I had my first gaming session on the third grade. At that point, the label ”role-playing game” was only vaguely familiar to me, something associated with anime-inspired graphics and item inventories.
game was a homebrew creation of an equally oblivious stablemate. I
suspect him to have been inspired by the early installments of Final
Fantasy and the like.
The core system was dead simple.
Each character had but one stat: Toughness. When two characters battled,
the one with lower Toughness died. Each time a character defeated an
opponent, their Toughness increased by one. No random element was
involved; it was diceless role-playing at its finest.
were enthralled by the game. We split into cliques to play the game at
home and grind our scores to the heights; the next day we
would compare our stats to see who was the best.
fun ended quite abruptly when the children in possession of some
real-life toughness declared us gamers ”Indians” (as in the Wild West —
don’t ask), and the sole game-designer of our class renounced his
Rules-wise, the game was abysmal. But the
core mechanic haunts me to this day — not because my campaigns have been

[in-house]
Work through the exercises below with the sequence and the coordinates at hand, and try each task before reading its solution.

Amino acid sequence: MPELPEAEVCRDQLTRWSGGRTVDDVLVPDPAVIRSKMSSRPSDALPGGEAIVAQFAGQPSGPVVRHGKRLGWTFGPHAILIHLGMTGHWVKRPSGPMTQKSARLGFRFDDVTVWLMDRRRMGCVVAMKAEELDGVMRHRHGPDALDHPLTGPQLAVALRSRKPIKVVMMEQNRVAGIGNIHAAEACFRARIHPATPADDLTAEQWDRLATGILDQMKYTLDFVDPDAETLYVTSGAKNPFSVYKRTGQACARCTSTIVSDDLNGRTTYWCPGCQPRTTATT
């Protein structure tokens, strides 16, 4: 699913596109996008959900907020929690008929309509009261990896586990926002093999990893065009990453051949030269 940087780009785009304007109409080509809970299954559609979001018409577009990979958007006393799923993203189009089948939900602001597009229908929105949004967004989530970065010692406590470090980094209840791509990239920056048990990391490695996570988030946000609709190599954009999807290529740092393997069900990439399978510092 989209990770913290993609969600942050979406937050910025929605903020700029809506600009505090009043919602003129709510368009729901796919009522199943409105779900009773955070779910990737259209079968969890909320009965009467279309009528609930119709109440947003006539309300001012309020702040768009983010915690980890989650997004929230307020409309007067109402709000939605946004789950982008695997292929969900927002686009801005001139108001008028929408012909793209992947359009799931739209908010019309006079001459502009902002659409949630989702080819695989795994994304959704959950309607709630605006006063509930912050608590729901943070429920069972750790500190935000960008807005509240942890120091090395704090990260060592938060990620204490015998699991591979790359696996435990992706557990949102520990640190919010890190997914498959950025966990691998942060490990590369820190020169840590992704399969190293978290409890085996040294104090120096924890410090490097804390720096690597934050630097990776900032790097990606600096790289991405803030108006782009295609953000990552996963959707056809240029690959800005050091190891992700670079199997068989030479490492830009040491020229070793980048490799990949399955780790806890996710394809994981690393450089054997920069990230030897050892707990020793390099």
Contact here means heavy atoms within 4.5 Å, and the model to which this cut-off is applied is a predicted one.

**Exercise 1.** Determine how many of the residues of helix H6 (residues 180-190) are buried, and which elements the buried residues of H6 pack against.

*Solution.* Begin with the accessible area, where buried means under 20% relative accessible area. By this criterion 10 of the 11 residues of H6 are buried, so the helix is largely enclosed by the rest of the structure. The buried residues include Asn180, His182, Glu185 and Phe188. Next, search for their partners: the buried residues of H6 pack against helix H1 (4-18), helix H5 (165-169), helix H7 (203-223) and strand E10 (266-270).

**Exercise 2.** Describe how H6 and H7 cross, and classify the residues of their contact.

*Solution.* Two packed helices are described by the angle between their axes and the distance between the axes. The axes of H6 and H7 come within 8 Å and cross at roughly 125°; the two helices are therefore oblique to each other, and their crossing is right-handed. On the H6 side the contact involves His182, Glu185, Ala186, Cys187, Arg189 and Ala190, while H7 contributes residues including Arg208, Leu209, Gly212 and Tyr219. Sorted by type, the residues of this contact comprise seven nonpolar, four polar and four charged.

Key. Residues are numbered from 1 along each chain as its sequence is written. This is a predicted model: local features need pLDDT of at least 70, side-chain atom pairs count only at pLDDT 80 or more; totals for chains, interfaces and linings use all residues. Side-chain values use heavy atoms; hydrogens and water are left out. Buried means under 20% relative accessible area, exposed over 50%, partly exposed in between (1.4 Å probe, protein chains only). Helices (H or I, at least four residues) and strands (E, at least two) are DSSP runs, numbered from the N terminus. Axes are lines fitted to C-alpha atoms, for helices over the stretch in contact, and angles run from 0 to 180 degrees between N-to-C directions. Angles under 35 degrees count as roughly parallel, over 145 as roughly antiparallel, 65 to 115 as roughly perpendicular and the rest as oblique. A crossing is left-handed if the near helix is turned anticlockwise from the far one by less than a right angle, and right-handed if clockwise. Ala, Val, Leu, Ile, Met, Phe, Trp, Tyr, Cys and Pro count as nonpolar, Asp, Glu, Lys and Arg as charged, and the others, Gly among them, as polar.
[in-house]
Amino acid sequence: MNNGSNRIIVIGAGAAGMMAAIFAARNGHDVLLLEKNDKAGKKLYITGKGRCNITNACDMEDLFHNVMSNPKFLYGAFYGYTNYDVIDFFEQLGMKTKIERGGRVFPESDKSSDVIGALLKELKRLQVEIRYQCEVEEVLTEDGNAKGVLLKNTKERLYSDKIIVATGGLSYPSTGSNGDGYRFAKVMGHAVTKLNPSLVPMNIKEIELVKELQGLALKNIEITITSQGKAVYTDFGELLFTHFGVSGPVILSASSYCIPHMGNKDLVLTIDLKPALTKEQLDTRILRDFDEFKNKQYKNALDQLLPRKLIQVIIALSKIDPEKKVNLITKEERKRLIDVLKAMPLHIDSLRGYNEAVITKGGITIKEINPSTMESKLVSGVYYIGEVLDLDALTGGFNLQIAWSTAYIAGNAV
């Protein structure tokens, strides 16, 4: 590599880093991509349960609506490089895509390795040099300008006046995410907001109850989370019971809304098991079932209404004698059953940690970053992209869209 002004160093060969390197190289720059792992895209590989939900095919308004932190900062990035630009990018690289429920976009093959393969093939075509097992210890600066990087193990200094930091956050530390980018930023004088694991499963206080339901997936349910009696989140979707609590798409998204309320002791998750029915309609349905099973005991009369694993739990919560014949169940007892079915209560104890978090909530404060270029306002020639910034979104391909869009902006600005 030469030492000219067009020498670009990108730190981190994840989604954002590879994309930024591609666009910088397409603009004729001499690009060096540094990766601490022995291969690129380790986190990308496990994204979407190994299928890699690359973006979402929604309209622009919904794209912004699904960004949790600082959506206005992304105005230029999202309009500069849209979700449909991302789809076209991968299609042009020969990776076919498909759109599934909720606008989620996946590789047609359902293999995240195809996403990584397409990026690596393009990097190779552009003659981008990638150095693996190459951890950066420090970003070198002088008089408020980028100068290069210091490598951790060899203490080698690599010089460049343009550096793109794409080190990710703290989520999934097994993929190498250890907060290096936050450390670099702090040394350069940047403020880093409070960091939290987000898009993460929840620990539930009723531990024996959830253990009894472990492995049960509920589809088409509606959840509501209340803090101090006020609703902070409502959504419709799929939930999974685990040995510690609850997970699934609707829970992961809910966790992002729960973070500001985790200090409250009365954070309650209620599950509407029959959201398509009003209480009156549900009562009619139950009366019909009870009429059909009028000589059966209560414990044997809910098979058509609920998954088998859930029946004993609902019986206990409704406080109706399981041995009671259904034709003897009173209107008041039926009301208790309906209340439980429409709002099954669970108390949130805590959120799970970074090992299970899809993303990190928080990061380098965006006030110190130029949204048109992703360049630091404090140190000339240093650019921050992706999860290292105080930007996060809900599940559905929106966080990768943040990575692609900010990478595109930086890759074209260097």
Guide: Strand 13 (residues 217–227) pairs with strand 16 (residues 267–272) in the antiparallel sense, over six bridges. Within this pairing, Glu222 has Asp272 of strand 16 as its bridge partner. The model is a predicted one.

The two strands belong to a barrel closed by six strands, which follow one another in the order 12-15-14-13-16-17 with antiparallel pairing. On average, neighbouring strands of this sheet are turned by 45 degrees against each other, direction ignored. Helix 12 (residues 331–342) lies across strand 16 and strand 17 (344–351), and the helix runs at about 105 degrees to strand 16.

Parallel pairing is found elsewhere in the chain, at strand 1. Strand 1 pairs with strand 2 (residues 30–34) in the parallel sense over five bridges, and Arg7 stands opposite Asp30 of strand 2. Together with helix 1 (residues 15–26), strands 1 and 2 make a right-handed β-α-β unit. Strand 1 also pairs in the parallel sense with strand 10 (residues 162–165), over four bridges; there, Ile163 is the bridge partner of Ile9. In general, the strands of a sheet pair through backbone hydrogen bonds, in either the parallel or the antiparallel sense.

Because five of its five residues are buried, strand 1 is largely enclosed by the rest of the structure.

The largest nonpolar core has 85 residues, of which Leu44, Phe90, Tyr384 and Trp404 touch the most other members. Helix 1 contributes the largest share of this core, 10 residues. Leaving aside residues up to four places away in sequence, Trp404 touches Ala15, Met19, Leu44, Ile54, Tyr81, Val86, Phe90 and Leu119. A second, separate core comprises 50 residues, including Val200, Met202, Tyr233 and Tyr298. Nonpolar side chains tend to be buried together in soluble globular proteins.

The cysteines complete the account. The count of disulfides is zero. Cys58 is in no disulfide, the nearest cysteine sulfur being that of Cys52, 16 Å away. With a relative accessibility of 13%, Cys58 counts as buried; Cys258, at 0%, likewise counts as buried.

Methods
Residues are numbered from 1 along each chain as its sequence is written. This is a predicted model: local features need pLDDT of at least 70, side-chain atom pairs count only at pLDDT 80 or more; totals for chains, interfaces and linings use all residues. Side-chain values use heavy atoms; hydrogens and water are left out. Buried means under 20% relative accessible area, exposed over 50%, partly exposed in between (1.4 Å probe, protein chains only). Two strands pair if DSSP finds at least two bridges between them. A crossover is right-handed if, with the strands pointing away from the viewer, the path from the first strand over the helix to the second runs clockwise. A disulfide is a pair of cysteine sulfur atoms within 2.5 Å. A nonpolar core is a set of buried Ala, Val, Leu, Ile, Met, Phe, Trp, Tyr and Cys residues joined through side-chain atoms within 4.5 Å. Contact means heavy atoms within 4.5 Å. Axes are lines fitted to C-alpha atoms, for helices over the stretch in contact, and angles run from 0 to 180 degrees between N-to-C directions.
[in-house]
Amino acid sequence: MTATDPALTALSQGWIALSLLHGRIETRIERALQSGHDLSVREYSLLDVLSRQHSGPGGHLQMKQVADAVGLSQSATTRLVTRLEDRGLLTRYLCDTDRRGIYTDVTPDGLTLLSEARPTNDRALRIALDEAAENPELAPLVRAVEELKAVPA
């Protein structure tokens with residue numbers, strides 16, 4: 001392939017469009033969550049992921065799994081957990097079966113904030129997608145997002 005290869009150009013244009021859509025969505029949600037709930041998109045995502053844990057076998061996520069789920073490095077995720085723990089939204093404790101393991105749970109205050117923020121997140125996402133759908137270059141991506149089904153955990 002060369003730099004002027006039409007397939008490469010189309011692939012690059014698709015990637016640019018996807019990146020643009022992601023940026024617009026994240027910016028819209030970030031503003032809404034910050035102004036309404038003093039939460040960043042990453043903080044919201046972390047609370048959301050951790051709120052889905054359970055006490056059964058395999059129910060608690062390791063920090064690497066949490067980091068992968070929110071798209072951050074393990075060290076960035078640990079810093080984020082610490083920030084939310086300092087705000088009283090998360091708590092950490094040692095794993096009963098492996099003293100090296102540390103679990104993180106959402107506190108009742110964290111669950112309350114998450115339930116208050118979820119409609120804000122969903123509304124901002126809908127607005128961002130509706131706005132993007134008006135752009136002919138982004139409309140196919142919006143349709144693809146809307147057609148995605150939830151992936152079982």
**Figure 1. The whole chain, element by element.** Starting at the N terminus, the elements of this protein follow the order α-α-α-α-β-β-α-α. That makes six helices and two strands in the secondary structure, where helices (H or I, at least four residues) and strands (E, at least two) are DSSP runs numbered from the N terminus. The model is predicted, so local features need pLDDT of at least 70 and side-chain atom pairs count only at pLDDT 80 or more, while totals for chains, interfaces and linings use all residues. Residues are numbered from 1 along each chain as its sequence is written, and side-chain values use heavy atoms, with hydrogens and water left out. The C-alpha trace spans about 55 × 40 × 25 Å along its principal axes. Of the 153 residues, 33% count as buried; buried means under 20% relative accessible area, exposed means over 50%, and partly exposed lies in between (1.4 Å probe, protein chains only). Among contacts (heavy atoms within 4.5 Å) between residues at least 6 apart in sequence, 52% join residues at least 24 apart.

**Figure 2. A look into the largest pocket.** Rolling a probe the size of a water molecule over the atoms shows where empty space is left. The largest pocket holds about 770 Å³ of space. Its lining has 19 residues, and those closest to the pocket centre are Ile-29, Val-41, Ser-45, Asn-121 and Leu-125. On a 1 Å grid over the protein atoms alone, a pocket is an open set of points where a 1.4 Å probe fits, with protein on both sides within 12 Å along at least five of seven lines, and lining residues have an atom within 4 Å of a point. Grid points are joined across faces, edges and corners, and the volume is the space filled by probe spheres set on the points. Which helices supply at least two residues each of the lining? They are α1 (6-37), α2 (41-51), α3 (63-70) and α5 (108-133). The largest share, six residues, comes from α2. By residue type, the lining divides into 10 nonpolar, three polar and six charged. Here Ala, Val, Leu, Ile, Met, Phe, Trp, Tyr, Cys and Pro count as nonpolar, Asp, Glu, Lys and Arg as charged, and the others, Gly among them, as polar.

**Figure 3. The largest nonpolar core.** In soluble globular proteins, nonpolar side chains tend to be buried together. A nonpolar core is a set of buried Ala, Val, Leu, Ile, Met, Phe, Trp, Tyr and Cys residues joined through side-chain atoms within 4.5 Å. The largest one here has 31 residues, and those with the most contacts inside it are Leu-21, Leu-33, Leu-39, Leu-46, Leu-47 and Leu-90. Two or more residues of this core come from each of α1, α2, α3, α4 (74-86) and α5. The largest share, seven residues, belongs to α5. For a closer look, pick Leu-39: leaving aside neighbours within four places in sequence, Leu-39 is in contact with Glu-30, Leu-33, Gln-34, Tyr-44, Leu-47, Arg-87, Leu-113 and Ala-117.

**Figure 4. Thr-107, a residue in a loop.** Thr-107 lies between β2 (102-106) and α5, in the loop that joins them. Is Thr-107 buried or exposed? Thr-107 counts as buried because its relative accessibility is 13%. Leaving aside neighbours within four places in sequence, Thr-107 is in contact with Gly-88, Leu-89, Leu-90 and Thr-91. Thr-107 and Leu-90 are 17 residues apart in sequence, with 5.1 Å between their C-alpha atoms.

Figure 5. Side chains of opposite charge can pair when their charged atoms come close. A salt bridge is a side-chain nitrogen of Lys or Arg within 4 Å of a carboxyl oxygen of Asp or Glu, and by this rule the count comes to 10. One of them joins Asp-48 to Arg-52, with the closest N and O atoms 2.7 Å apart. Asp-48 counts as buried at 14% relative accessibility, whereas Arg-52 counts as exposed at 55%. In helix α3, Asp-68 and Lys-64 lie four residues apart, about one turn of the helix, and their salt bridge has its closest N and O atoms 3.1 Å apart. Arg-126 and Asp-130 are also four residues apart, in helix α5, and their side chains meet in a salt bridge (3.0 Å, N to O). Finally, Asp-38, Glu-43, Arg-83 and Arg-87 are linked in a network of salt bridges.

above similar tendencies, but because they have not.
— I bet there is no gamer who has not participated in a campaign with
exactly the same premise. Punch down to grow more powerful to have more
critters to punch down. The entire third edition of Dungeons & Dragons
was built around the premise, and the fourth edition took it even
further with its carefully balanced fights designed to challenge —
but not to jeopardize — the player characters.
love to be the bullies. They cherish the Dionysian heat of combat, but abhor the idea of losing their beloved alter egos. Kicking the dog is almost as fun as taking chances with the three-horned
dragon king, and considerably less dangerous.
players enjoy impersonating great white hunters, killing monsters for sport. I detest that
sort of action. It offers no challenge whatsoever, and becomes awkwardly
dull after a safari or two.
Therefore I have come to
believe that all combat encounters should be designed to leave player
characters with less than 50% chance of winning. All monsters would have
a trick or two that made them a grave danger to even the most powerful
player characters. Powers like dragons’ breath weapon or ghouls’
As for ordinary folks, I’ve began to
understand why their ”numbers appearing” amount in hundreds. Why not?
Only the murderhobo of murderhobos would want to grind through 300
zero-level peasants. Even if the fight was winnable in theory, it would
require such a nasty amount of book-keeping and die-rolling that no sane
person would be willing to slave through all the accountancy.
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I had my first gaming session on the third grade. At that point, the label ”role-playing game” was only vaguely familiar to me, something ...